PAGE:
Using rebar to strengthen and care for a structure is a good idea, whether reinforcing concrete, masonry, or brick, as the properties for each are similar.
The most primary, yet important reason of using rebar for this function is to compensate for the materials’ lack of tension strength. Concrete, masonry, and brick all have an imbalance in tensile load threshold due to their properties, and can suffer damage to both chemical and environmental exposure over time. So rebar is cast into the material to bear the tensile stress.
Steel and concrete are similar in thermal expansion results, so it makes the most sense to support concrete using rebar to minimize structural stress. Differential expansion of two non-related materials would be detrimental to the structure and its foundations.
The steel itself is ridged. This unique surface binds well mechanically to the concrete using friction. However, it can still be removed under high stresses, causing structural instability or collapse. Some guile is needed using rebar here, embedding it directly into adjacent structural pieces, or hooking the ends around other rebar or the concrete itself to aid in the prevention of such disaster. Embedding the rebar increases the friction, locking it more firmly in place, while bending it uses concrete’s strong compression to keep the foundation firm and stable.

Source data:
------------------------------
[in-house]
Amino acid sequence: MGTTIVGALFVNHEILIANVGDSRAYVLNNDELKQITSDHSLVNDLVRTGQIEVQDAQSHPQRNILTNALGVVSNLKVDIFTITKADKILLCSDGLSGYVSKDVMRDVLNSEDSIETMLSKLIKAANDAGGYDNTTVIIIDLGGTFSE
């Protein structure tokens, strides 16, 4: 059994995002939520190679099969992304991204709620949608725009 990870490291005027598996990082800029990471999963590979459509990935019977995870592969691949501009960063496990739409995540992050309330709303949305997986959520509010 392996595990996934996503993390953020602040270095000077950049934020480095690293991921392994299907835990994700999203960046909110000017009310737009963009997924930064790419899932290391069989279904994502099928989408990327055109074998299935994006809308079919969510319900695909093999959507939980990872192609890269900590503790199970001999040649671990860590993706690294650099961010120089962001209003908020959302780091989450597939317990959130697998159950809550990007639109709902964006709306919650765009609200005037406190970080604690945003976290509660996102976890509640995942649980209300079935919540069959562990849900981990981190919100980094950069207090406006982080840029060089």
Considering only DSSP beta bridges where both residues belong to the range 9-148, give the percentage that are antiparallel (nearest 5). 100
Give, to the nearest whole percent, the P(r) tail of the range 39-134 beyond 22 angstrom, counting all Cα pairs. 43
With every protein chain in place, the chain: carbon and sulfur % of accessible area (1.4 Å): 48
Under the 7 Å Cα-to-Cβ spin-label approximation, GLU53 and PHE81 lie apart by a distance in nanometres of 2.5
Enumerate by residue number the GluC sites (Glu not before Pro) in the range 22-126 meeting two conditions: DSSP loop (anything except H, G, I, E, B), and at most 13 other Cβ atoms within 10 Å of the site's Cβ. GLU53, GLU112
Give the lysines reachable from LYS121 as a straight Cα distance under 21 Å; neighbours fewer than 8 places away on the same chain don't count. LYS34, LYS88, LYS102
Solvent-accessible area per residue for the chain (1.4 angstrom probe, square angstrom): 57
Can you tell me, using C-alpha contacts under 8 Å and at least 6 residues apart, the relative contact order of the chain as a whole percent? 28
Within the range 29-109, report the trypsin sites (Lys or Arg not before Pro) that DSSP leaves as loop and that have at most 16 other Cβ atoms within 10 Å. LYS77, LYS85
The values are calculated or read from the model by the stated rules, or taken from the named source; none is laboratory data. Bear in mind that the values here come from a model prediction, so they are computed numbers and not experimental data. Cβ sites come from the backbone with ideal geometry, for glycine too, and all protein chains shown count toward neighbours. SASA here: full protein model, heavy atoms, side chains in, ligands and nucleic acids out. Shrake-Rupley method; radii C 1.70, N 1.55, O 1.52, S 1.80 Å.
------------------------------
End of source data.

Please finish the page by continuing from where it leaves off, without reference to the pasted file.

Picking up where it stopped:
Rebar itself is very heavy, especially when being delivered in large bulk orders. Some bundles of rebar can weigh up to ten tons! These need to be unloaded from trucks by a special crane. For these heavy loaded trucks to get in and out of the job site, a special type of mat called a swamp mat is used on the ground as a temporary roadway. Swamp mats are especially useful in damp areas where equipment is easily stuck in the mud.
Strength, yes, but care also is needed using rebar to toughen up a structure. Unfinished steel, which is what common rebar is constructed from, is vulnerable to rusting, damage from environmental or chemical exposure. The cut ends and not needed scraps of rebar should be handled with care when disposing using proper junk removal practices that are environmentally friendly. Common salt from roadways or marine locations can be equally harmful, branching off from mere damage into future costs. Dos and don’ts are both pertinent here.
Care and strength go hand in hand in protecting and insuring the well being of a structure using rebar.